This New Device Allows Amputees To Feel Temperature Sensations

Scientists have made a groundbreaking discovery in the field of prosthetics, as they have developed a device called MiniTouch that enables amputees to experience warmth in their phantom hand.

This innovative technology involves a small sensor placed on a prosthetic finger and electrodes that simulate sensations on the residual arm. By relaying the temperature of the object being touched, the electrodes create the illusion of warmth or coolness in the missing fingers.

This breakthrough, outlined in a study published in the journal Science, could revolutionize the design of prosthetic limbs by incorporating temperature-sensing capabilities without invasive procedures.

The development of MiniTouch stemmed from an unexpected finding that amputees are somehow able to perceive temperatures in their missing hand. Dr. Solaiman Shokur, a neuroengineer and scientist at Ecole Polytechnique Federale de Lausanne (EPFL) in Switzerland, described this phenomenon as the “thermal phantom sensation.”

Typically, when a hot or cold object is placed on an able-bodied person’s forearm, they feel the temperature directly on their skin. However, in amputees, this temperature sensation is experienced in the phantom limb, or the absent hand.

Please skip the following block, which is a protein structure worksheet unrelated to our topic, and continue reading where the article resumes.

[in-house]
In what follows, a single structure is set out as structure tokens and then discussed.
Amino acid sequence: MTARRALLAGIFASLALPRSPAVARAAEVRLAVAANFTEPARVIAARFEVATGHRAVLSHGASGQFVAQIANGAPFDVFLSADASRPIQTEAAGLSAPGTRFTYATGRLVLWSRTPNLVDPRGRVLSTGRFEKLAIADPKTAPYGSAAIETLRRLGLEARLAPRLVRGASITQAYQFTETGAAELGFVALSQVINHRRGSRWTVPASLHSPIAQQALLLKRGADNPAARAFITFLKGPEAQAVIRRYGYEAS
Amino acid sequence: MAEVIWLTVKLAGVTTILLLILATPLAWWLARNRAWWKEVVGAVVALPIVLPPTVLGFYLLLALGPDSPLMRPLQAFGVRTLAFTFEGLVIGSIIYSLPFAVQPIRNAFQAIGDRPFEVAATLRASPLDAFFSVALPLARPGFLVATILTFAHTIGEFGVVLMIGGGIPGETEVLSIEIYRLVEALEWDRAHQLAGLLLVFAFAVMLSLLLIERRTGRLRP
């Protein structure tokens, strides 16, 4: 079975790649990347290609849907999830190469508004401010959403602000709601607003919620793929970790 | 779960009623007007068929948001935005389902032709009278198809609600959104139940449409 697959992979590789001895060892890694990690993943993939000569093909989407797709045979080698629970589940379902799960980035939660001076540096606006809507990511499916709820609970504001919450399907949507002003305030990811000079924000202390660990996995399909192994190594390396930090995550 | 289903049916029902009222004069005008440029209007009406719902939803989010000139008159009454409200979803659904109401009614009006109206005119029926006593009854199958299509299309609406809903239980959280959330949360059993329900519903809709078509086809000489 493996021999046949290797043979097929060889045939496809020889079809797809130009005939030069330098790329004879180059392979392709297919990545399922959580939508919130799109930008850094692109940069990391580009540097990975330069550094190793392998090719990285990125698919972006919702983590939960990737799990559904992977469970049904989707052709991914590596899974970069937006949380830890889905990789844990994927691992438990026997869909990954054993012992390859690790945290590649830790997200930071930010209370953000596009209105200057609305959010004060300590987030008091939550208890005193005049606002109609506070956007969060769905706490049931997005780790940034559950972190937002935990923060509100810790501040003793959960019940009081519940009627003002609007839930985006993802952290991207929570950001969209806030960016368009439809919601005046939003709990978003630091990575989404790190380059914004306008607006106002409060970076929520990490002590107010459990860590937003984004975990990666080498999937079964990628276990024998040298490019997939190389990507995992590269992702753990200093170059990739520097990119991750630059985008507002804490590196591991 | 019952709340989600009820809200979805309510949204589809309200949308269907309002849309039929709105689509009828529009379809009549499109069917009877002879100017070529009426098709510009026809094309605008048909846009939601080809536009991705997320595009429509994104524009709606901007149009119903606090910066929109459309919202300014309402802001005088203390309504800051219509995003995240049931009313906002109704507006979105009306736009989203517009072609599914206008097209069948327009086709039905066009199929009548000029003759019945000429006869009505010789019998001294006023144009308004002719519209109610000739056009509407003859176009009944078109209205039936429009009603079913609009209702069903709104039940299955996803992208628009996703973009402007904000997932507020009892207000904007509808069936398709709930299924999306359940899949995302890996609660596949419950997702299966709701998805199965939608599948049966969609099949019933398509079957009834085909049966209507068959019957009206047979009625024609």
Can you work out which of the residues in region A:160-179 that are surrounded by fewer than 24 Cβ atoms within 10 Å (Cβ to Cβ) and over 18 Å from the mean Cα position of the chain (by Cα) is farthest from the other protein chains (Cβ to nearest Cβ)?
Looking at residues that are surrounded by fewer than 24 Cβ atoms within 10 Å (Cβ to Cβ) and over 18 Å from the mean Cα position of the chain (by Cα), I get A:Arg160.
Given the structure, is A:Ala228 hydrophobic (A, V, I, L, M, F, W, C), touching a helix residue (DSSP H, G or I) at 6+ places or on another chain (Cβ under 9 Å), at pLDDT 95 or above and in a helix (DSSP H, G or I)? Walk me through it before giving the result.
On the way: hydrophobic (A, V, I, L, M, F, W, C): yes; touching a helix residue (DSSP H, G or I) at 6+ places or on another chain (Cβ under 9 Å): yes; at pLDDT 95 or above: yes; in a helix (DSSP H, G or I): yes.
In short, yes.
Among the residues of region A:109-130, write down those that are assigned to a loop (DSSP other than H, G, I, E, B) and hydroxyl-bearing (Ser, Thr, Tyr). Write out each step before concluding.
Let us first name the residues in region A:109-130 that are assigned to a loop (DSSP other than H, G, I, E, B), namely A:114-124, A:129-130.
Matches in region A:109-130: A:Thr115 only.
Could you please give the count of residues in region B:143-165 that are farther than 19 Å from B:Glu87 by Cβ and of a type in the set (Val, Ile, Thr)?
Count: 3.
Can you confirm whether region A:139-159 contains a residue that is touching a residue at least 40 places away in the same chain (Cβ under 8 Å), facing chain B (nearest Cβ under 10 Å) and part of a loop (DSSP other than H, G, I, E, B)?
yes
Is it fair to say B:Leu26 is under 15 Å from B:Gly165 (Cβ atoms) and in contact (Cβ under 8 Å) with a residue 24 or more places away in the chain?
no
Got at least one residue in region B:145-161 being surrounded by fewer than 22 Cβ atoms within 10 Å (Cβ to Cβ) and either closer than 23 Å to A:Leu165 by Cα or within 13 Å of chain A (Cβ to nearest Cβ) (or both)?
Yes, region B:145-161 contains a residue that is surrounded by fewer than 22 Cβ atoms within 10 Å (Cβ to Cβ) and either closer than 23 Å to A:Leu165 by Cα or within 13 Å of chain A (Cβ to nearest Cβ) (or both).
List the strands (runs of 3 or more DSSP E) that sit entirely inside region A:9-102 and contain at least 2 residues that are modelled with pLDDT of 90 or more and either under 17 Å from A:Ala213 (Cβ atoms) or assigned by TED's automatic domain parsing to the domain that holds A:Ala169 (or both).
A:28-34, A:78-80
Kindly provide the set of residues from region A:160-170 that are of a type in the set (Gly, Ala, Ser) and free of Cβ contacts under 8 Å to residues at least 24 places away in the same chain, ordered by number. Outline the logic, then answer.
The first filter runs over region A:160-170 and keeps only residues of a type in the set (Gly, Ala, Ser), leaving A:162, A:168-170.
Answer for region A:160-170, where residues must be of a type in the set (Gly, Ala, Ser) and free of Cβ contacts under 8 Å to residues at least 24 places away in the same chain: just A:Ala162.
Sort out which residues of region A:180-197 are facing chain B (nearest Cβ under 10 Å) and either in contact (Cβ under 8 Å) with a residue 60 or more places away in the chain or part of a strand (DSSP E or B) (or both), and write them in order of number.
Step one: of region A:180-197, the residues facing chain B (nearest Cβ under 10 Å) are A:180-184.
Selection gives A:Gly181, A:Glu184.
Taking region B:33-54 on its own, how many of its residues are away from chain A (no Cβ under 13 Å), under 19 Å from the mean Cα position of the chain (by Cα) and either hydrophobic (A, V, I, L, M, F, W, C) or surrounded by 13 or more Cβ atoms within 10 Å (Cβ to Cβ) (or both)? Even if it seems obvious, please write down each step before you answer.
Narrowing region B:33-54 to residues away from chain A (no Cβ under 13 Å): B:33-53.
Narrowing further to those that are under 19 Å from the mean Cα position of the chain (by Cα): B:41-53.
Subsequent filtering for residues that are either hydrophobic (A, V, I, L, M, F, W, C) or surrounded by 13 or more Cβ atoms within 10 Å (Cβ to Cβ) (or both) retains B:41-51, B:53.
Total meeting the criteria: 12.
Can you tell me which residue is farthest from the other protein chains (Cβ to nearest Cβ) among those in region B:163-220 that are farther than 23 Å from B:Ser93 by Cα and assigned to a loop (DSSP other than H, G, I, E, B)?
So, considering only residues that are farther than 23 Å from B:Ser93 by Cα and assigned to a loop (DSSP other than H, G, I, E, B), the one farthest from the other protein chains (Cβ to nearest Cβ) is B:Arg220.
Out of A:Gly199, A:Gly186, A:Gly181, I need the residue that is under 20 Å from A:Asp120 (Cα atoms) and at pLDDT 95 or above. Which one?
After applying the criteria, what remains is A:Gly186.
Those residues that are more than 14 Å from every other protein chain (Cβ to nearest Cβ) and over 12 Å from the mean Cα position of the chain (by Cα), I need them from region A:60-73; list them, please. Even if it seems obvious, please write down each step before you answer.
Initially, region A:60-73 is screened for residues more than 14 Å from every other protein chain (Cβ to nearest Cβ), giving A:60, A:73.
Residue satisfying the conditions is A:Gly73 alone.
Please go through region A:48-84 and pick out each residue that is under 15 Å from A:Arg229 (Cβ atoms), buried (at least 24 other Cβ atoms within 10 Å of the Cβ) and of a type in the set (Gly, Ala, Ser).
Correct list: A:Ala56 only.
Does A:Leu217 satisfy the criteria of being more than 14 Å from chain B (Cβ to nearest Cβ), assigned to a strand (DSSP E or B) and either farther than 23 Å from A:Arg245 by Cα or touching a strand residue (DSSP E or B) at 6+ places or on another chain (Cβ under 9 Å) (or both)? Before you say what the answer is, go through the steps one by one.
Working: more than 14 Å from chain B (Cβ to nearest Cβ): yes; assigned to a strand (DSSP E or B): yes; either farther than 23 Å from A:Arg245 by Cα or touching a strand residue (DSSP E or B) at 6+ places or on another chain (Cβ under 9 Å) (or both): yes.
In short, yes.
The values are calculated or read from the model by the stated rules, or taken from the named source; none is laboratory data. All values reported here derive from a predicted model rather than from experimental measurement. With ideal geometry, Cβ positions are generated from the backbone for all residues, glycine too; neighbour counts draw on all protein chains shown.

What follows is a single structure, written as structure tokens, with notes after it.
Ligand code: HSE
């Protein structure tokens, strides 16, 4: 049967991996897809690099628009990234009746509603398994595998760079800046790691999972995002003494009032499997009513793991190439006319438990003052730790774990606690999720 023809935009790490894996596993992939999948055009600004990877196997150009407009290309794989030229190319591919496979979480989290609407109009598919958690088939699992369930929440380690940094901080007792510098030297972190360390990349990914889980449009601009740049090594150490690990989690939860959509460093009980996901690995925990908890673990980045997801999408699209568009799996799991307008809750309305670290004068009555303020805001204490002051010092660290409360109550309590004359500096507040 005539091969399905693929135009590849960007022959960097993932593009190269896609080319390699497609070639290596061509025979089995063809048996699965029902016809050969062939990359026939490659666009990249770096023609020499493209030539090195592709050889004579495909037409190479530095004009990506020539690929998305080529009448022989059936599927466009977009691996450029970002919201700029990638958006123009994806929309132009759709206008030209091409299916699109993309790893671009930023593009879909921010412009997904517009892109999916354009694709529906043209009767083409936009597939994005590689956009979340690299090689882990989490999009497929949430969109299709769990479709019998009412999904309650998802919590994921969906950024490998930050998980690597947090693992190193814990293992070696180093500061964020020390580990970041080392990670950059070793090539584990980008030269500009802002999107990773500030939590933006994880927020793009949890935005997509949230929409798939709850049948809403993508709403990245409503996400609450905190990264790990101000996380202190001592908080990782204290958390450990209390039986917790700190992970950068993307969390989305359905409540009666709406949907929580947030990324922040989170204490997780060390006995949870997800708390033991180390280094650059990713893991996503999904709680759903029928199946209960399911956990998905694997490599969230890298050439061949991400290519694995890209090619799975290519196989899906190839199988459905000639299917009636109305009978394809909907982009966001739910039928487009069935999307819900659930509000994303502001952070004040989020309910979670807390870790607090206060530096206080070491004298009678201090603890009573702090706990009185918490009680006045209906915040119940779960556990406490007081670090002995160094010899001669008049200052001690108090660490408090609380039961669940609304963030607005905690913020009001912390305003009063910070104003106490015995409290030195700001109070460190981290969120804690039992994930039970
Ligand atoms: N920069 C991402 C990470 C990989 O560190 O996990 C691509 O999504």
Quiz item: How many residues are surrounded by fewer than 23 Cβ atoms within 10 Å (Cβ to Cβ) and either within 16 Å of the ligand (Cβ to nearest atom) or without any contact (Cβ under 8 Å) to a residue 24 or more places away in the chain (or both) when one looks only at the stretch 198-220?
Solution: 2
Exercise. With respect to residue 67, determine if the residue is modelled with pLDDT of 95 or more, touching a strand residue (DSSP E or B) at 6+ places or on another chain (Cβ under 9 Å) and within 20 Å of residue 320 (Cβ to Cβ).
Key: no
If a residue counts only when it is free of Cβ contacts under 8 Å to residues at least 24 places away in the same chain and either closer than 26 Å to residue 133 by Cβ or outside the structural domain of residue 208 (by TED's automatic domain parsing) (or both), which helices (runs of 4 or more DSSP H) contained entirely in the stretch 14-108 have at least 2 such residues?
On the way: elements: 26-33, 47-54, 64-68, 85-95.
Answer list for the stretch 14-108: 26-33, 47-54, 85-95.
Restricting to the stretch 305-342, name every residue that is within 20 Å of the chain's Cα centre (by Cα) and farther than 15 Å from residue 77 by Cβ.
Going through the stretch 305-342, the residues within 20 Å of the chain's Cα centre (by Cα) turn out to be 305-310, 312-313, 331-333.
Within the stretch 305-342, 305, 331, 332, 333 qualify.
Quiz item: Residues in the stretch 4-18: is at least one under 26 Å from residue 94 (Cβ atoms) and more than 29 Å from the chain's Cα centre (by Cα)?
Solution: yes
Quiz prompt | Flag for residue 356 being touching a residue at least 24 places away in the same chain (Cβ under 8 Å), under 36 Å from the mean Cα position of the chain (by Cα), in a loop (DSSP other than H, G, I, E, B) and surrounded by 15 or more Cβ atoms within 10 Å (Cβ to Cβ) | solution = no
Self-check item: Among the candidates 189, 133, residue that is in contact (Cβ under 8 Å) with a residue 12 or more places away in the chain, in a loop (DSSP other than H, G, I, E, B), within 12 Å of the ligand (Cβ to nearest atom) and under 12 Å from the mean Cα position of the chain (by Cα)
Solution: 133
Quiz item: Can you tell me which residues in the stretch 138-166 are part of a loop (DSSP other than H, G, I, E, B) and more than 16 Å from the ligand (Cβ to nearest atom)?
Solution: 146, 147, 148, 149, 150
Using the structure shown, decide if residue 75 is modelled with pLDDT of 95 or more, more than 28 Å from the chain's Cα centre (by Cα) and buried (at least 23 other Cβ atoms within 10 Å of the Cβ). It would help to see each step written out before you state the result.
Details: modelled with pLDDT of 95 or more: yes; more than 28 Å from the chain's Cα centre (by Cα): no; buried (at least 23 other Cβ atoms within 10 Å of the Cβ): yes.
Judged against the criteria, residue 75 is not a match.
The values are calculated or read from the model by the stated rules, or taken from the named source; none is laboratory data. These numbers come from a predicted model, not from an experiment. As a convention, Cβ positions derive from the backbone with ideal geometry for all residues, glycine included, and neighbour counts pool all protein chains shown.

During tests conducted by the researchers, they anticipated that amputees would indicate the location and perceived temperature on their residual limb when presented with temperature sensations. But, to their surprise, the participants pointed to a drawing of a hand in front of them and explained that they felt the sensations there. This discovery was pivotal in developing a neurotechnology capable of integrating with prosthetic hands.

The team successfully tested the bionic technology, MiniTouch, on 17 out of 27 patients. This device utilizes information about an object’s heat-conducting properties to determine its temperature. The scientists discovered that specific areas of the amputated arm’s skin can project temperature sensations to corresponding parts of the phantom hand, such as the thumb or the tip of an index finger. Moreover, they found that these temperature perceptions vary from patient to patient, making the experience unique to each individual.

The amputees involved in the study expressed their delight in being able to feel the limb once again, as temperature feedback contributes to a more complete sense of having a physical limb.

With further advancements in this field, we can expect even more remarkable innovations that bridge the gap between human perception and advanced prosthetic technology.

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